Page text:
In the fast-paced and ever-evolving world of cryptocurrency, where digital assets are exchanged, and fortunes can be made, a lurking danger threatens the safety of both seasoned investors and newcomers alike: crypto phishing scams.
These schemes are designed to exploit the trust and vulnerability of individuals, aiming to trick them into revealing their sensitive information or even parting with their hard-earned crypto holdings.
As the popularity of cryptocurrencies continues to rise, so does the sophistication of phishing techniques employed by cybercriminals. From impersonating legitimate exchanges and wallets to crafting compelling social engineering tactics, these scammers stop at nothing to gain unauthorized access to your digital assets.
Malicious actors use different methods of social engineering to target their victims. With social engineering tactics, scammers manipulate users’ emotions and create a sense of trust and urgency.
Eric Parker, CEO and co-founder of Giddy — a noncustodial wallet smart wallet — told Cointelegraph, “Did someone reach out to you without you asking? That’s one of the biggest rules of thumb you can use. Customer service rarely, if ever, proactively reaches out to you, so you should always be suspicious of messages saying you need to take action on your account.”
“Same idea with free money: If someone is messaging you because they want to give you free money, it’s likely, not real. Be wary of any message that feels too good to be true or gives you an immediate sense of urgency or fear to make you act quickly.”
Email and messaging scams
One common technique used in crypto phishing scams is impersonating trusted entities, such as cryptocurrency exchanges or wallet providers. The scammers send out emails or messages that appear to be from these legitimate organizations, using similar branding, logos and email addresses. They aim to deceive recipients into believing that the communication is from a trustworthy source.
To achieve this, the scammers may use techniques like email spoofing, where they forge the sender’s email address to make it appear as if it’s coming from a legitimate organization. They may also use social engineering tactics to personalize the messages and make them seem more authentic. By impersonating trusted entities, scammers exploit the trust and credibility associated with these organizations to trick users into taking actions that compromise their security.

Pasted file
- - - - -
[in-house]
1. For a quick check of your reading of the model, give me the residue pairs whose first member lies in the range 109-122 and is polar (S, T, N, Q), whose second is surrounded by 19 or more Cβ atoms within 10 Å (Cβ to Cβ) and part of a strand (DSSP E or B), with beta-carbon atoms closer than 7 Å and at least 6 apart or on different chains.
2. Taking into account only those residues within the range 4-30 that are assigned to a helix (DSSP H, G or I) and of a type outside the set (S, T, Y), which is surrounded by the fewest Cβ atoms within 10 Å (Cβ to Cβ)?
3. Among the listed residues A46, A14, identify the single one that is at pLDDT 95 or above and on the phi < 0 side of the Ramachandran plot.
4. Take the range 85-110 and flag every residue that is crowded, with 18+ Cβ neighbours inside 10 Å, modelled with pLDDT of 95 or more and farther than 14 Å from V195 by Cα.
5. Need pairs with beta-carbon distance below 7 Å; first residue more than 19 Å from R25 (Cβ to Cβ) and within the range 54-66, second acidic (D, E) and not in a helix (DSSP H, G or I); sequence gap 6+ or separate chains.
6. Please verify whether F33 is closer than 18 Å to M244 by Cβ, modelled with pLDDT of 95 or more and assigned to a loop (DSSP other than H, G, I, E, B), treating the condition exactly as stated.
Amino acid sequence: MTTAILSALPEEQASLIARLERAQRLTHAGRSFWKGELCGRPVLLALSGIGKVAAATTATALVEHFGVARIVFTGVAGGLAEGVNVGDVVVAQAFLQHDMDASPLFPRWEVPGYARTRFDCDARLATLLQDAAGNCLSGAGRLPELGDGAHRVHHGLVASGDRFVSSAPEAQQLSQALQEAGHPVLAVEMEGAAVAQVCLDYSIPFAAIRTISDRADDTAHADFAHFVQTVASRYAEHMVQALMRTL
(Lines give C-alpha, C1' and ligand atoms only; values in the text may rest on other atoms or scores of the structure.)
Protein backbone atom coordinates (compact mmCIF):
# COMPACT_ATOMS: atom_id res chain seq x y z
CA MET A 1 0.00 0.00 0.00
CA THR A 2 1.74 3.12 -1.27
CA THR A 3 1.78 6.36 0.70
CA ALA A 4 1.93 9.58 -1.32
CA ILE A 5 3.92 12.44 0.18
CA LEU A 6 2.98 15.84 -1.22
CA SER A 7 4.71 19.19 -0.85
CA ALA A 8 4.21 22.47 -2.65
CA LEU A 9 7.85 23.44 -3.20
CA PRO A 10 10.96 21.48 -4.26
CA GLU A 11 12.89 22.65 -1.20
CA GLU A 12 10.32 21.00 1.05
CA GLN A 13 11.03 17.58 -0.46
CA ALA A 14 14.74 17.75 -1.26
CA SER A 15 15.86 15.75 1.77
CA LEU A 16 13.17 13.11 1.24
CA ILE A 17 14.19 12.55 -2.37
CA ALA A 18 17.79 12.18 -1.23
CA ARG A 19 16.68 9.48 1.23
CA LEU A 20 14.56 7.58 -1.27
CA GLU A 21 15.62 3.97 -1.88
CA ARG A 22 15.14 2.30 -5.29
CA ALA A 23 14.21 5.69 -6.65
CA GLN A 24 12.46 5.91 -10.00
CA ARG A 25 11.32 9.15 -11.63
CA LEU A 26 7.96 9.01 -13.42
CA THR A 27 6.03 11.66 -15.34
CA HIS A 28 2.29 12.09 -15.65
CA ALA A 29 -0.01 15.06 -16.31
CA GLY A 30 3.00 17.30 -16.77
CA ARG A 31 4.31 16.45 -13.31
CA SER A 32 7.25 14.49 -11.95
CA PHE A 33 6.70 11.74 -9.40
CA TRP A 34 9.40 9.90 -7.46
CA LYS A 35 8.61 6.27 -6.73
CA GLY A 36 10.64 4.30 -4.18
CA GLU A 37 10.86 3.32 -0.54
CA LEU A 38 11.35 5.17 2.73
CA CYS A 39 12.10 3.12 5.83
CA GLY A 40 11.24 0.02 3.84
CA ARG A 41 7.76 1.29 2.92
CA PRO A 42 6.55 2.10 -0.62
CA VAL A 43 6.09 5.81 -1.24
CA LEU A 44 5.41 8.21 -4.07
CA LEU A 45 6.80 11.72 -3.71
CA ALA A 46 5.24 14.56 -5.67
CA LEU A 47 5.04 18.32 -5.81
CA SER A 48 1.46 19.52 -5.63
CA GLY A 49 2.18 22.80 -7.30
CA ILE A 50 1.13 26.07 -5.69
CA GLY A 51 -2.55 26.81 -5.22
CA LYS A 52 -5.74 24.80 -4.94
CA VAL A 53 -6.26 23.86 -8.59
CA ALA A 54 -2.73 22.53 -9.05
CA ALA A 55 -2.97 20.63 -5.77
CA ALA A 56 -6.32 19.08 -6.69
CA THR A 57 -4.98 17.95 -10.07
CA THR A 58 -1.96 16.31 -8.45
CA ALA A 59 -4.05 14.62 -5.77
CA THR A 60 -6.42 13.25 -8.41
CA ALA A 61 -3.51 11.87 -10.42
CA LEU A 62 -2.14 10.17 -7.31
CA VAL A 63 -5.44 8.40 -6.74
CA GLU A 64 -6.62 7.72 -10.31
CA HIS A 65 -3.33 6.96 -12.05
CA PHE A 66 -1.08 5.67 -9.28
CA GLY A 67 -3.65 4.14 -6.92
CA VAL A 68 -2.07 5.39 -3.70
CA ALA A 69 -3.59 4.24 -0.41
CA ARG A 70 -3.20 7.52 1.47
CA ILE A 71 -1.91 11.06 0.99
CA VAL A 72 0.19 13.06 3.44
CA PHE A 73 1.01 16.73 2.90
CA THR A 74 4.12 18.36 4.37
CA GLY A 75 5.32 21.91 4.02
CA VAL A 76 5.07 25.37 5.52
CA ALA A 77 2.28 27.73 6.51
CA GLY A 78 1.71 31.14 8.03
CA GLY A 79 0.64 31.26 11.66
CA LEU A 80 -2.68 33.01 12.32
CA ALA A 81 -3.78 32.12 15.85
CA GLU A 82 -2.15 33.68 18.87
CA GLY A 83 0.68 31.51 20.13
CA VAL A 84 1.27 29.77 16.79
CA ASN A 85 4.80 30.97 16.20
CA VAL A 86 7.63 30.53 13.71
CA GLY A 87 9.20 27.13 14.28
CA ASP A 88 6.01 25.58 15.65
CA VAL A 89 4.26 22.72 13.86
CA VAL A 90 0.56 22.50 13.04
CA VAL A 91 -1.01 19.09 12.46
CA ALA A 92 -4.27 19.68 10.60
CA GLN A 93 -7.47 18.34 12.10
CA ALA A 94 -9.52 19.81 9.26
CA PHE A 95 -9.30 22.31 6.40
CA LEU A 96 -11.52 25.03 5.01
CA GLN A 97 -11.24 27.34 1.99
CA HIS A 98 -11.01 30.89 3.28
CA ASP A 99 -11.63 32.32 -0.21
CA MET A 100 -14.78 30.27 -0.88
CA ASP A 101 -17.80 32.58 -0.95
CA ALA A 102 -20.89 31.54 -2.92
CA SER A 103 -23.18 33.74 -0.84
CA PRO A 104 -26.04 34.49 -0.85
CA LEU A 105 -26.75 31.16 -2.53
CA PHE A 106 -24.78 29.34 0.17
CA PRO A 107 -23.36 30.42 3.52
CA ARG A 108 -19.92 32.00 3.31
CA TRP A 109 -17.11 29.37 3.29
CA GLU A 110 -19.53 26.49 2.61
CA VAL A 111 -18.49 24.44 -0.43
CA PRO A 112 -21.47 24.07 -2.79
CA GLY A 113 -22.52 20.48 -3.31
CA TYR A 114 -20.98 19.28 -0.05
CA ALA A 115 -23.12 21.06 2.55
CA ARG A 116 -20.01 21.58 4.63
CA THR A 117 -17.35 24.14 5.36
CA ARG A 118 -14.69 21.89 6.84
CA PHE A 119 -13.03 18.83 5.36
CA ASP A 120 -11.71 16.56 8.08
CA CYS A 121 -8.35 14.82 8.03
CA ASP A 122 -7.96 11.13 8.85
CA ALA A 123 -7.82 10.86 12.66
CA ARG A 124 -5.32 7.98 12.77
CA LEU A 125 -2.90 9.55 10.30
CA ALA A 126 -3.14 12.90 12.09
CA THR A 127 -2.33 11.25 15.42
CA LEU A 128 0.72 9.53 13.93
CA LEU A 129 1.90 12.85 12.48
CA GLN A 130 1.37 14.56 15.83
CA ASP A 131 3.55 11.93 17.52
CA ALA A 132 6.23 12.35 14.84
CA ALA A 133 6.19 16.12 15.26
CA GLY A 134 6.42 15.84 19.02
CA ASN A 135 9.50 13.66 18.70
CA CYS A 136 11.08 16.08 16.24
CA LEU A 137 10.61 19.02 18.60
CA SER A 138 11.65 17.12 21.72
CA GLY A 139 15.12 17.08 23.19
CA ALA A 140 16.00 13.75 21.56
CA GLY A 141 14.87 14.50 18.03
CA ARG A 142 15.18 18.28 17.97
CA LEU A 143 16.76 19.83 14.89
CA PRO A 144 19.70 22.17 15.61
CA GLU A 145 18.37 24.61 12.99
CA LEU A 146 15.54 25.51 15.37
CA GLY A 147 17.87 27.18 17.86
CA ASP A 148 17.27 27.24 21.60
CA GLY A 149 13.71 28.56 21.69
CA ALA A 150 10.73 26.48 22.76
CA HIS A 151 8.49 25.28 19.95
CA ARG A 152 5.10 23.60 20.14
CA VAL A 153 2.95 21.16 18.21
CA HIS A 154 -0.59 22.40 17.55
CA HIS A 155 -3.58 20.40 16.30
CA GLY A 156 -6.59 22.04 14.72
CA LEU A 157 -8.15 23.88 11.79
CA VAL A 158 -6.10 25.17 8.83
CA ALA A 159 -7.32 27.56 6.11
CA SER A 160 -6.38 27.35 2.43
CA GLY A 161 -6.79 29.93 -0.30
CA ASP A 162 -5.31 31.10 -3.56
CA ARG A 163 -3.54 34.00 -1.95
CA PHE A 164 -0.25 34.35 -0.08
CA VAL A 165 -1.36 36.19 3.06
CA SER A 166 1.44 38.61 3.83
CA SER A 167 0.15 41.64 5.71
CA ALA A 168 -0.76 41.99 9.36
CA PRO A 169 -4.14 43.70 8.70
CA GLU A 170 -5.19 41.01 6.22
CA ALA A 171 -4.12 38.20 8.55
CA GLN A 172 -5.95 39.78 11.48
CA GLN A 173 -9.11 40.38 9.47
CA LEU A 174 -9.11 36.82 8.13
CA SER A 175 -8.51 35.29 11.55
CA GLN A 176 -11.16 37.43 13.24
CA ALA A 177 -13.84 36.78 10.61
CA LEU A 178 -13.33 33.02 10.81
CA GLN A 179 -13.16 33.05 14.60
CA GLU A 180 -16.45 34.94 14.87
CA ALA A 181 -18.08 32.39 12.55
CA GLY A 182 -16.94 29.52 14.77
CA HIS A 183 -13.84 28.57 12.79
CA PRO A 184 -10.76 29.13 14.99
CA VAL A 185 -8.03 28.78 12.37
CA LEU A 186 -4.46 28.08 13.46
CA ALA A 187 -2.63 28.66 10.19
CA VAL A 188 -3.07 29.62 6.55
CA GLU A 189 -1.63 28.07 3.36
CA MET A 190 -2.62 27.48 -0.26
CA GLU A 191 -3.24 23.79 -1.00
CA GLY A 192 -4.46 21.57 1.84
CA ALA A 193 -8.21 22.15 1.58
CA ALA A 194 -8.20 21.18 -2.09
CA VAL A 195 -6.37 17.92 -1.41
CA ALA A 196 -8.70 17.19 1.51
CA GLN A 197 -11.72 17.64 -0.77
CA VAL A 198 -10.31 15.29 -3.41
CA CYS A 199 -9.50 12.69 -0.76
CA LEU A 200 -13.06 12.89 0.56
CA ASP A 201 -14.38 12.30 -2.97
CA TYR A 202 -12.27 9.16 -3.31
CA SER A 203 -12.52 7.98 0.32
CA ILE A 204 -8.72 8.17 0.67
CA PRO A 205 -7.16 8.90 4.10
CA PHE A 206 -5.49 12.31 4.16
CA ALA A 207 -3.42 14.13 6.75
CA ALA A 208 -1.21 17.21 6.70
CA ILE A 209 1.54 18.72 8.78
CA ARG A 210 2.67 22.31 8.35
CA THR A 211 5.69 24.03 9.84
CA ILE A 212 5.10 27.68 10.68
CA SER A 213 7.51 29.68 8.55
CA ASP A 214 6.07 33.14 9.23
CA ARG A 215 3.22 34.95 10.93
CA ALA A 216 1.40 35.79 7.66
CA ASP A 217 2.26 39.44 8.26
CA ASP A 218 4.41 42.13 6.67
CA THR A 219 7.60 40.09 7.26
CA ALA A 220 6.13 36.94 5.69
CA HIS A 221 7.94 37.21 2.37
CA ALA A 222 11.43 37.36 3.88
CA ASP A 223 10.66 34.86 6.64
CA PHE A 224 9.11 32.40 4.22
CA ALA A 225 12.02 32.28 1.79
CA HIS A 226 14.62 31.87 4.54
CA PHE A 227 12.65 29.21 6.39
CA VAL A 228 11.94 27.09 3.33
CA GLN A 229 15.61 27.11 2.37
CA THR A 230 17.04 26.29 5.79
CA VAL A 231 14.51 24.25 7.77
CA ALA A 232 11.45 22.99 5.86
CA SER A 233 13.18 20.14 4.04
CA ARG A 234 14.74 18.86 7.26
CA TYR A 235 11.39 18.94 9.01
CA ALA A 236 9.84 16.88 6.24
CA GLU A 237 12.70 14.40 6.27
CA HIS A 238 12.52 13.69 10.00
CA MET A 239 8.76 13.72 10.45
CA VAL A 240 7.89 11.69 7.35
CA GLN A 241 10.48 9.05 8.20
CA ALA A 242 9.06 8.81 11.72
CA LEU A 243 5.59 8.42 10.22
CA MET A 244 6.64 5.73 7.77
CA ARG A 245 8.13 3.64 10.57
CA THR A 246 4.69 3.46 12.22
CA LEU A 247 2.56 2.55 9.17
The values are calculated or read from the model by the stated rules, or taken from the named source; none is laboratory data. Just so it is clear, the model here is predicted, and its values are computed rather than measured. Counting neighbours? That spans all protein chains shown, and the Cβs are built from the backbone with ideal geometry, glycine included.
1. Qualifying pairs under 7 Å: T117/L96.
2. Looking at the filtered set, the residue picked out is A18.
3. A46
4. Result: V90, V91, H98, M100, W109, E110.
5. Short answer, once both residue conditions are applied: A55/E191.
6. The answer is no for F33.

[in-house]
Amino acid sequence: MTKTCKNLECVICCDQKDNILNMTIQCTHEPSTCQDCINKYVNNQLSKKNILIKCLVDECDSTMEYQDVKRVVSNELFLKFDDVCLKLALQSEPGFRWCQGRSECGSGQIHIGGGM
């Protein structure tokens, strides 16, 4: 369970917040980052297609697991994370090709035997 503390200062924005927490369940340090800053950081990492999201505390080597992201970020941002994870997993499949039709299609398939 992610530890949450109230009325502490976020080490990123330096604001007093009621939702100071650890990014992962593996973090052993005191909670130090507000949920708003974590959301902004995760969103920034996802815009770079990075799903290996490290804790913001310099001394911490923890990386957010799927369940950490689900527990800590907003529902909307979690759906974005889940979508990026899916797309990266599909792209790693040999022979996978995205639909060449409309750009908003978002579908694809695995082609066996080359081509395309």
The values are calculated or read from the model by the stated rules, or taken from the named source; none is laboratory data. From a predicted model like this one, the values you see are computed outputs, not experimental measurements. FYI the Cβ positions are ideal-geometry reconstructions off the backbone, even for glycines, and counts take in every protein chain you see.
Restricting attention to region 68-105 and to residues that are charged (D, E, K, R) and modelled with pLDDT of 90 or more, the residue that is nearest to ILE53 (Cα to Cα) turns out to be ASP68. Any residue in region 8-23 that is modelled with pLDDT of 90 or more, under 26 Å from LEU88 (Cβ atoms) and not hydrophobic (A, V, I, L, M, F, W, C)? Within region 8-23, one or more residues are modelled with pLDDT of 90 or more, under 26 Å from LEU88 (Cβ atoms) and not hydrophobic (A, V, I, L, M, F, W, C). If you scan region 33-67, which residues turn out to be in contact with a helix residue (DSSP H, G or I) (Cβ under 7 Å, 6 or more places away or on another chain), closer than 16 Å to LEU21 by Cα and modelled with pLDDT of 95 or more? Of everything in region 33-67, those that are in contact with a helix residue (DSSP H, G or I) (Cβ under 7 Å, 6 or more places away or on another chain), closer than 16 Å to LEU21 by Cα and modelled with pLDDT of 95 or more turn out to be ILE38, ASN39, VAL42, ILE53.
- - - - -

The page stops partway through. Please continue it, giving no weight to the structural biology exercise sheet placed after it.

Fake support requests
Crypto phishing scammers often pose as customer support representatives of legitimate cryptocurrency exchanges or wallet providers. They send emails or messages to unsuspecting users, claiming an issue with their account or a pending transaction that requires immediate attention.
The scammers provide a contact method or a link to a fake support website where users are prompted to enter their login credentials or other sensitive information.
Omri Lahav, CEO and co-founder of Blockfence — a crypto-security browser extension — told Cointelegraph, “It’s important to remember that if someone sends you a message or email unsolicited, they likely want something from you. These links and attachments can contain malware designed to steal your keys or gain access to your systems,” continuing:
“Furthermore, they can redirect you to phishing websites. Always verify the sender’s identity and the email’s legitimacy to ensure safety. Avoid clicking on links directly; copy and paste the URL into your browser, checking carefully for any spelling discrepancies in the domain name.”
By impersonating support personnel, scammers exploit users’ trust in legitimate customer support channels. In addition, they prey on the desire to resolve issues quickly, leading users to willingly disclose their private information, which scammers can use for malicious purposes later.
Fake websites and cloned platforms
Malicious actors can also build fake websites and platforms to lure in unsuspecting users.
Domain name spoofing is a technique where scammers register domain names that closely resemble the names of legitimate cryptocurrency exchanges or wallet providers. For example, they might register a domain like “exchnage.com” instead of “exchange.com” or “myethwallet” instead of “myetherwallet.” Unfortunately, these slight variations can be easily overlooked by unsuspecting users.
Lahav said that users should “verify whether the website in question is reputable and well-known.”
“Checking the correct spelling of the URL is also crucial, as malicious actors often create URLs that closely resemble those of legitimate sites. Users should also be cautious with websites they discover through Google ads, as they may not organically rank high in search results,” he said.
Scammers use these spoofed domain names to create websites that imitate legitimate platforms. They often send phishing emails or messages containing links to these fake websites, tricking users into believing they are accessing the genuine platform. Once users enter their login credentials or perform transactions on these websites, the scammers capture the sensitive information and exploit it for their gain.
Malicious software and mobile apps
Hackers can also resort to using malicious software to target users. Keyloggers and clipboard hijacking are techniques crypto phishing scammers use to steal sensitive information from users’ devices.
Keyloggers are malicious software programs that record every keystroke a user makes on…
Read More: How users can stay protected